10. 10.
    International Organization for Standardization.: ISO/IEC 21481: Information technology — Telecommunications and information exchange between systems — Near Field Communication Interface and Protocol -2 (NFCIP-2) (2005)Google Scholar
  11. 11.
    International Organization for Standardization.: ISO/IEC 18033-2, Information technology — Security techniques — Encryption algorithms — Part 2: Asymmetric ciphers (2006)Google Scholar
  12. 12.
    Liu, S., Silverman, M.: A practical guide to biometric security technology. IT Professional 3(1), 27–32 (2001)CrossRefGoogle Scholar
  13. 13.
    Maltoni, D., Maio, D., Jain, A.K., Prabahakar, S.: Handbook of Fingerprint Recognition. Springer, Berlin (2003)zbMATHGoogle Scholar
  14. 14.
    Matsumoto, T., Matsumoto, H., Yamada, K., Hoshino, S.: Impact of artificial ‘gummy’ fingers on fingerprint systems. In: Proceedings of SPIE, vol. 4677, pp. 275–289 (2002)Google Scholar
  15. 15.
    Myers, M., Ankney, R., Malpani, A., Galperin, S., Adams, C.: X.509 Internet Public Key Infrastructure Online Certificate Status Protocol — OCSP. RFC 2560, Internet Engineering Task Force (June 1999)Google Scholar
  16. 16.
    Open Mobile Alliance.: DRM Specification — Version 2.0 (2006)Google Scholar
  17. 17.
    Pinkas, B., Sander, T.: Securing passwords against dictionary attacks. In: Proceedings of the 9th ACM conference on Computer and communications security, pp. 161–170. ACM Press, New York (2002)CrossRefGoogle Scholar
  18. 18.
    Popescu, B.C., Kamperman, F.L.A.J., Crispo, B., Tanenbaum, A.S.: A DRM security architecture for home networks. In: Feigenbaum, J., Sander, T., Yung, M. (eds.) Proceedings of the 4th ACM workshop on Digital Rights Management, pp. 1–10. ACM Press, New York (2004)CrossRefGoogle Scholar
  19. 19.
    Rowell, L.F.: The ballad of DVD JON. netWorker 10(4), 28–34 (2006)CrossRefMathSciNetGoogle Scholar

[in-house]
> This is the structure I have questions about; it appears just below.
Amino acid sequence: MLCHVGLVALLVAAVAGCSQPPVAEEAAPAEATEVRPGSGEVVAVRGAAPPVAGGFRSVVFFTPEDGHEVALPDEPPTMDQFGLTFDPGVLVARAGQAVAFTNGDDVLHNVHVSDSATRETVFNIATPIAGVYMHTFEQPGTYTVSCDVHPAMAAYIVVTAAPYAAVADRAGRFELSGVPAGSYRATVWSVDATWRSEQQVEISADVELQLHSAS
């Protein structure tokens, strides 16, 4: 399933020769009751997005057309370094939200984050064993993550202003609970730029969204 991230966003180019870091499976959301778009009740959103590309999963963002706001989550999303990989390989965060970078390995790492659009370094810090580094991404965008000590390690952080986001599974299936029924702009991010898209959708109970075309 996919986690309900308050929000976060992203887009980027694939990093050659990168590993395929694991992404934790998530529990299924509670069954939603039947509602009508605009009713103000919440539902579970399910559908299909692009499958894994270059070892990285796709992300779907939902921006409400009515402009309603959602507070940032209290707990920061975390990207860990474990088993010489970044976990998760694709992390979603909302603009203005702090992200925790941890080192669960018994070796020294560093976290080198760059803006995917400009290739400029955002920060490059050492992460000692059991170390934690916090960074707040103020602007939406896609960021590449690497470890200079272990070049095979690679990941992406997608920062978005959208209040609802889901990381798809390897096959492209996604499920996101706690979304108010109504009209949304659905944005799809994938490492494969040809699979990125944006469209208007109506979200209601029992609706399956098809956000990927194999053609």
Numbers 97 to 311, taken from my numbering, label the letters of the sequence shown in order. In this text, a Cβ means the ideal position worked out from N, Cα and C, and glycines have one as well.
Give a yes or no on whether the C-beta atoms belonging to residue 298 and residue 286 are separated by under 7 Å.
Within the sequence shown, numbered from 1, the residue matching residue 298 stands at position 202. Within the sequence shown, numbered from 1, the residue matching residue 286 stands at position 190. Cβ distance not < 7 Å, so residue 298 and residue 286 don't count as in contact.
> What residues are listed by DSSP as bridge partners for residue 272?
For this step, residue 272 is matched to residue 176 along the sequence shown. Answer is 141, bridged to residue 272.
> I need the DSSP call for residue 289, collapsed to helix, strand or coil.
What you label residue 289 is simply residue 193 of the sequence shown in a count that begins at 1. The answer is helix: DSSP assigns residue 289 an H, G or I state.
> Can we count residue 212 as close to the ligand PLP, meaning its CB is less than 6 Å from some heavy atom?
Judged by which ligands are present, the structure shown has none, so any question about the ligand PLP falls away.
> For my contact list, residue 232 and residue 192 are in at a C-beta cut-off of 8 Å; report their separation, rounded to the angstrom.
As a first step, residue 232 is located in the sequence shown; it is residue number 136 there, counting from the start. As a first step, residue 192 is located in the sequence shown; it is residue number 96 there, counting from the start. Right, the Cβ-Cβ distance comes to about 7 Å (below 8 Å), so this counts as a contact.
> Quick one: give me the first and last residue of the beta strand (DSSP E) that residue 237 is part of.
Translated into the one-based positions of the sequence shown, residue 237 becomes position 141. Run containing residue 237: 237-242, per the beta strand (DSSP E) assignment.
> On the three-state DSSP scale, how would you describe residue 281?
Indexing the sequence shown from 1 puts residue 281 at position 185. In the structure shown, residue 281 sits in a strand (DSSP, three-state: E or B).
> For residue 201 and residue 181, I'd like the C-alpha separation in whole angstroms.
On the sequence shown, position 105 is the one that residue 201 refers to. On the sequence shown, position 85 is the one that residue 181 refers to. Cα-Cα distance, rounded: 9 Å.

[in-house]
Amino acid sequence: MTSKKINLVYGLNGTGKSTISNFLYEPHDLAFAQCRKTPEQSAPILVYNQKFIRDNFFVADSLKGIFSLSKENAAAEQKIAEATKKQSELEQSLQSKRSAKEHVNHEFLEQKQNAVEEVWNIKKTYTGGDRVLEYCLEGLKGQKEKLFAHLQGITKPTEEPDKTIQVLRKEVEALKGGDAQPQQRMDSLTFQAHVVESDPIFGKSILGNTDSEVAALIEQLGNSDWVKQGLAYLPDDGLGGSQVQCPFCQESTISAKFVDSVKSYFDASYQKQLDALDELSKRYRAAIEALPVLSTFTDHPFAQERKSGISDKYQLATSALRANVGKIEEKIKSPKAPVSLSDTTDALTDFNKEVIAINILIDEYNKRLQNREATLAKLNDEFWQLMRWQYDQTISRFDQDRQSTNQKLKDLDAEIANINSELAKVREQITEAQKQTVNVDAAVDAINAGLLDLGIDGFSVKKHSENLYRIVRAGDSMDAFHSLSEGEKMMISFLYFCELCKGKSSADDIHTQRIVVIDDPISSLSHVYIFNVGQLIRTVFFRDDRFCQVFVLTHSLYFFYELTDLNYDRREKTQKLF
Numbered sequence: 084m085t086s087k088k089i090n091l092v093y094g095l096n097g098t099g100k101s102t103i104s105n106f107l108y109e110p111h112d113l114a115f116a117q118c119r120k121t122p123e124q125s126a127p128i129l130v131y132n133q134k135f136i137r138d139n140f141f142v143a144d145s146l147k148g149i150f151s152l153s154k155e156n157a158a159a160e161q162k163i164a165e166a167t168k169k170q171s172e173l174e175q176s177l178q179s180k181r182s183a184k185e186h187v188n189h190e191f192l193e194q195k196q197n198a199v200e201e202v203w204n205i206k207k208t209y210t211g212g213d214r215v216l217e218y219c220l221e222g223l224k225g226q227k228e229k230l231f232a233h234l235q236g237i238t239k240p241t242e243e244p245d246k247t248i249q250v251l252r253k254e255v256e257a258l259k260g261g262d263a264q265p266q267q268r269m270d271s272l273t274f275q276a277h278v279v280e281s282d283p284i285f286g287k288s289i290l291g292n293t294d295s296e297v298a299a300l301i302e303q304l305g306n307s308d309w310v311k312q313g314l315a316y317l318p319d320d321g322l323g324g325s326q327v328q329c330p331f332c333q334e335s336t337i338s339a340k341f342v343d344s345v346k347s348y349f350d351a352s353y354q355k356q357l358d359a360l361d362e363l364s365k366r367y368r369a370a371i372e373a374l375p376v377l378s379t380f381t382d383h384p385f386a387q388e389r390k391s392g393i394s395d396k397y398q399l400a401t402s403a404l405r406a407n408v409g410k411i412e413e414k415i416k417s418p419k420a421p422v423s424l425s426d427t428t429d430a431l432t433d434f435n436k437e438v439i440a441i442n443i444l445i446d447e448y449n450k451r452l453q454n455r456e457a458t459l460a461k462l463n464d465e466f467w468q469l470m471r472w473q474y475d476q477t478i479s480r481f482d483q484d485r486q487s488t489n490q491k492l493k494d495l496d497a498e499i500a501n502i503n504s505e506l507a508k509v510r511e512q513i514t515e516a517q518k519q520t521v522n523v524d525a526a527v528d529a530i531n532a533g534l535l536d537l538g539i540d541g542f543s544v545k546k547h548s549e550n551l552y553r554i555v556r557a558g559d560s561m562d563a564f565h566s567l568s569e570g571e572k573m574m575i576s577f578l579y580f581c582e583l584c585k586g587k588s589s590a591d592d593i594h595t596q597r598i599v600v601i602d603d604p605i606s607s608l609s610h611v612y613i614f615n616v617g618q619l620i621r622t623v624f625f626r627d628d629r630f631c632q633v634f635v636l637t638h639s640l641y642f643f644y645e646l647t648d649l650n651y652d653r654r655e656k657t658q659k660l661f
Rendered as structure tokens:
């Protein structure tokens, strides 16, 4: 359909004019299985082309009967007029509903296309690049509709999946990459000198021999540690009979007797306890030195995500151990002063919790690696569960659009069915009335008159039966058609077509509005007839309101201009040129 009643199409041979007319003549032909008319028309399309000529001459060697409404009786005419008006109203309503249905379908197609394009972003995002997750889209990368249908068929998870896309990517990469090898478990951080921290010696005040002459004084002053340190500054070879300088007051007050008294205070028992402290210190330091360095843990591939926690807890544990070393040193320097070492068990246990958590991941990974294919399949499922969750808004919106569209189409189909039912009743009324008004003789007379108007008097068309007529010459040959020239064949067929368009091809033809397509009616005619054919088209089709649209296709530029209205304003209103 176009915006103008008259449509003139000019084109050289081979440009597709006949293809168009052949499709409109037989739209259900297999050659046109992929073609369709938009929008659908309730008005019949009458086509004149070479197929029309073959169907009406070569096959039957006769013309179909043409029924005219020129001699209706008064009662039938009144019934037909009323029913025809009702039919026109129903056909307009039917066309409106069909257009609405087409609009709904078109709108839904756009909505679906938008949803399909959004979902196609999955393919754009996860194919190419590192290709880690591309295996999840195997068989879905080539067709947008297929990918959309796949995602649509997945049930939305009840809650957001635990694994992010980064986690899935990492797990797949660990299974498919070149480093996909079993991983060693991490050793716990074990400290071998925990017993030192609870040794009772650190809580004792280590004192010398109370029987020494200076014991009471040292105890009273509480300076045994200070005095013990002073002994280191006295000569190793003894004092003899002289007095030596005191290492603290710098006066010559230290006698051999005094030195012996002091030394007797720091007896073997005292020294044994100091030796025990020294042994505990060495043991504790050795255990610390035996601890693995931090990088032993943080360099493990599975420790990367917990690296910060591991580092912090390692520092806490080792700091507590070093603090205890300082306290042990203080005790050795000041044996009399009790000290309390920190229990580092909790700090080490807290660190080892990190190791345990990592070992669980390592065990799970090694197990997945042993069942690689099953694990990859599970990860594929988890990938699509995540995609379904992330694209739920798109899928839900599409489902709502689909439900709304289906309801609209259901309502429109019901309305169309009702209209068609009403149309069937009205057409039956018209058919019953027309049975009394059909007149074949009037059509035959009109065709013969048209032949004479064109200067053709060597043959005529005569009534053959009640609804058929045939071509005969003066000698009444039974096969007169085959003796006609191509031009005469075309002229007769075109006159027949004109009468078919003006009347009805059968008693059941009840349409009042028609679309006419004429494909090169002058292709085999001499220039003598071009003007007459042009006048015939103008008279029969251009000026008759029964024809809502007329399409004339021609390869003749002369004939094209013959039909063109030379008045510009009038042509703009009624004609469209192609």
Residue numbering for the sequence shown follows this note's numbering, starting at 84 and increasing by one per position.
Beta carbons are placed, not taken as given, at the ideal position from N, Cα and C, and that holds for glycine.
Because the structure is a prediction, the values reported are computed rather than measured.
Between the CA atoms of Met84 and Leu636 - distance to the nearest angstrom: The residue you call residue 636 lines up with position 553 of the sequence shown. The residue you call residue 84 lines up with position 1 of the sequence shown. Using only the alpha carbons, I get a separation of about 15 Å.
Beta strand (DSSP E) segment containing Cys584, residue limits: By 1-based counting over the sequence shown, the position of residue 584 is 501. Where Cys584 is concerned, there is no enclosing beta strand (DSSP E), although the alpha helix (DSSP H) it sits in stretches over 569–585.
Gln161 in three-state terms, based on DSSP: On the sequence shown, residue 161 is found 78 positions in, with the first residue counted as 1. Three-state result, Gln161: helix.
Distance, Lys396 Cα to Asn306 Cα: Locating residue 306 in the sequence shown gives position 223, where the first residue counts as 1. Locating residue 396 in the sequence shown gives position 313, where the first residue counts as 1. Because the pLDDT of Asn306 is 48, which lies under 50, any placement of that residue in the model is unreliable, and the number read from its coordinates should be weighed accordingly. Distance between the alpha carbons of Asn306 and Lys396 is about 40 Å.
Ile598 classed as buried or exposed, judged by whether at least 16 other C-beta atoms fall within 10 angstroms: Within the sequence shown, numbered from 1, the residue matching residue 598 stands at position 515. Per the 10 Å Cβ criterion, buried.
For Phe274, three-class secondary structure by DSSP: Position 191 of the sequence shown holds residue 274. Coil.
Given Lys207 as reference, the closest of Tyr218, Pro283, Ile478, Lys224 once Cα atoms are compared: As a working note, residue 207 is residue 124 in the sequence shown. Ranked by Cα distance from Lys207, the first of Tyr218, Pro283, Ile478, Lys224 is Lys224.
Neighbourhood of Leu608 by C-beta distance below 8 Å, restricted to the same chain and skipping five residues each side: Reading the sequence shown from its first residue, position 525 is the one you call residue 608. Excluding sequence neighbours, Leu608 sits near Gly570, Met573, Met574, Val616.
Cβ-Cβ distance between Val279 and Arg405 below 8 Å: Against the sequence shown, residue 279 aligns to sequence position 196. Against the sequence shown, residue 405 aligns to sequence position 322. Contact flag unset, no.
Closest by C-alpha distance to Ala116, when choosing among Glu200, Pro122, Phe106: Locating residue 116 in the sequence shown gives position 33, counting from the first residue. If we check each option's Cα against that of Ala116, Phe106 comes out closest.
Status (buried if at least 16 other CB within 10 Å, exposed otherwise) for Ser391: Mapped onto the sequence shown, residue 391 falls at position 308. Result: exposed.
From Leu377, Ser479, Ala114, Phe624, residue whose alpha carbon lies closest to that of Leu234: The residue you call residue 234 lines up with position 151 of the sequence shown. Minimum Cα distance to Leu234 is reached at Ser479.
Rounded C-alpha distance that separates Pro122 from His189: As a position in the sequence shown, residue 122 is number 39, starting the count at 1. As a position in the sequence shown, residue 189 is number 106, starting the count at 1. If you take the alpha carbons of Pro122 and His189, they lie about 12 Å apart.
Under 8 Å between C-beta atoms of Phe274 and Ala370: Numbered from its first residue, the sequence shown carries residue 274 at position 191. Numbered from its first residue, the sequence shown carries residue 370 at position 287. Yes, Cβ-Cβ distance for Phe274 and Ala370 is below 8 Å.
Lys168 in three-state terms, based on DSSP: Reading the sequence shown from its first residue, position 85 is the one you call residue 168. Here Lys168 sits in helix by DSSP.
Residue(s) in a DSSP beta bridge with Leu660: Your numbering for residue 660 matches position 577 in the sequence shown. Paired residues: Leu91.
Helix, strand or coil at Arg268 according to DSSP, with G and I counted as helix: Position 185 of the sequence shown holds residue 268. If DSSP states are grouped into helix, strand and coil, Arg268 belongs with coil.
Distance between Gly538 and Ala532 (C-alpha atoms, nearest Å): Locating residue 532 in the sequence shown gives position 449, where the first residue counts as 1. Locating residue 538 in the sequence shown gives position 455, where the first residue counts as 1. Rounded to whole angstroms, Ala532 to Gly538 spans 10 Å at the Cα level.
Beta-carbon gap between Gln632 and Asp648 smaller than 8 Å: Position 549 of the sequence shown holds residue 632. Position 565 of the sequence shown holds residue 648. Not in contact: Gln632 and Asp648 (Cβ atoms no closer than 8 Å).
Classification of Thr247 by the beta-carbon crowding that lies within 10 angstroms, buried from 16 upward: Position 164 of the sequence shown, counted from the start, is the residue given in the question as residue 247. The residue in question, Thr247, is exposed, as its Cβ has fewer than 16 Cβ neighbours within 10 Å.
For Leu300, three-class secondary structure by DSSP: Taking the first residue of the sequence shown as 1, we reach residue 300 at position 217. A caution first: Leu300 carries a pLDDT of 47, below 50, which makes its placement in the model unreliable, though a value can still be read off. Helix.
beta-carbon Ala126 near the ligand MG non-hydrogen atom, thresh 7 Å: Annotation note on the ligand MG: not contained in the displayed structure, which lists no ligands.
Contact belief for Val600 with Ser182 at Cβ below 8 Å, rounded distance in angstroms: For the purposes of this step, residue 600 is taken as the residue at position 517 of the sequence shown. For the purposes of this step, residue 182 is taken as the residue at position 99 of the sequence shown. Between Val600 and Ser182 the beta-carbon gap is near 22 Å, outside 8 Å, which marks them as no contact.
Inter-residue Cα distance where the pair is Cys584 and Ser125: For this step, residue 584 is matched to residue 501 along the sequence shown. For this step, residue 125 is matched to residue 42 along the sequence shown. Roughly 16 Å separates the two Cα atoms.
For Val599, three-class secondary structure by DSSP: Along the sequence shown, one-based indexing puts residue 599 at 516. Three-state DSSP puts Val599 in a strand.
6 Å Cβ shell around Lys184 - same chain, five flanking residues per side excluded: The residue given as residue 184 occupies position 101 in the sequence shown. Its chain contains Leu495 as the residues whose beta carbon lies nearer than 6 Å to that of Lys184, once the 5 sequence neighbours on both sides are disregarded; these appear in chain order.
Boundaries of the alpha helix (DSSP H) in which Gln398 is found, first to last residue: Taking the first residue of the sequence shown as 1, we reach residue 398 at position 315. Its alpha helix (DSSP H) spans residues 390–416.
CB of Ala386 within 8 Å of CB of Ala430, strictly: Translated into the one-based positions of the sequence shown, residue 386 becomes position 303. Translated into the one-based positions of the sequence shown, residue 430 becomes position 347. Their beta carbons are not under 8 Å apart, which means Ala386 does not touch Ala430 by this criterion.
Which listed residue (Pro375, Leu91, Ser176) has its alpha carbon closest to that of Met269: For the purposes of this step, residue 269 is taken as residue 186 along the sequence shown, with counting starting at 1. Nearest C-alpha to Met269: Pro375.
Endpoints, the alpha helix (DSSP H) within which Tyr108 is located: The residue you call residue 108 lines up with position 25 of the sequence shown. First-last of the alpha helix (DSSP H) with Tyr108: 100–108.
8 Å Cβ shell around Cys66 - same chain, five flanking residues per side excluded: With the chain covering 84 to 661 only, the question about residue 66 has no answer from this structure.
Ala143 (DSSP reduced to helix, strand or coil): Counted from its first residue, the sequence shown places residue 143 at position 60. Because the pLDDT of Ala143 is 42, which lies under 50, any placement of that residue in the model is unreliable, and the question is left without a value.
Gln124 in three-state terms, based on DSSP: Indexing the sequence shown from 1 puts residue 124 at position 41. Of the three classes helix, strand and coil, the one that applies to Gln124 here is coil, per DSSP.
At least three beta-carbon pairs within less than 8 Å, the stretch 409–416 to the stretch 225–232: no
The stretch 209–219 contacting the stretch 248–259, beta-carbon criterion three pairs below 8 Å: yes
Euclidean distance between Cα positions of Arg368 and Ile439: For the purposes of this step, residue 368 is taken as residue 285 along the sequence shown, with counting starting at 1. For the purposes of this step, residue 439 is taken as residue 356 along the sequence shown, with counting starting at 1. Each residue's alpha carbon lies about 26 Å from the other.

20. 20.
  21. 21.
    Toth, B.: Biometric liveness detection. The International Journal For Information Assurance Professionals 10(8), 291–298 (2005)Google Scholar
  22. 22.
    Trusted Computing Group.: Infrastructure Working Group Architecture, Part II, Integrity Management. Specification version 1.0 Revision 1.0 (2006)Google Scholar
  23. 23.
    Trusted Computing Group.: TPM Main, Part 1, Design Principles. Specification version 1.2 Revision 94 (2006)Google Scholar
  24. 24.
    Trusted Computing Group.: TPM Main, Part 2, TPM Structures. Specification version 1.2 Revision 94 (2006)Google Scholar
  25. 25.
    Trusted Computing Group.: TPM Main, Part 3, Design Principles. Specification version 1.2 Revision 94 (2006)Google Scholar
  26. 26.
    Weiss, A.: Will the open, unrestricted PC soon become a thing of the past? Journal of Trusted Computing 10(3), 18–25 (2006)Google Scholar
  27. 27.
    Wiedenbeck, S., Birget, J.-C., Brodskiy, A., Waters, J., Memon, N.: Authentication using graphical passwords: Effects of tolerance and image choice. In: Proceedings of the 2005 symposium on Usable privacy and security, pp. 1–12. ACM Press, New York (2005)CrossRefGoogle Scholar
  28. 28.
    Wiedenbeck, S., Waters, J., Sobrado, L., Birget, J.-C.: Design and evaluation of a shoulder-surfing resistant graphical password scheme. In: Proceedings of the working conference on Advanced visual interfaces, pp. 177–184. ACM Press, New York (2006)CrossRefGoogle Scholar

Copyright information

© Springer-Verlag Berlin Heidelberg 2007

Authors and Affiliations

  • Imad M. Abbadi
    • 1
  1. 1.Information Security Group, Royal Holloway, University of London, Egham, Surrey, TW20 0EXUK

Personalised recommendations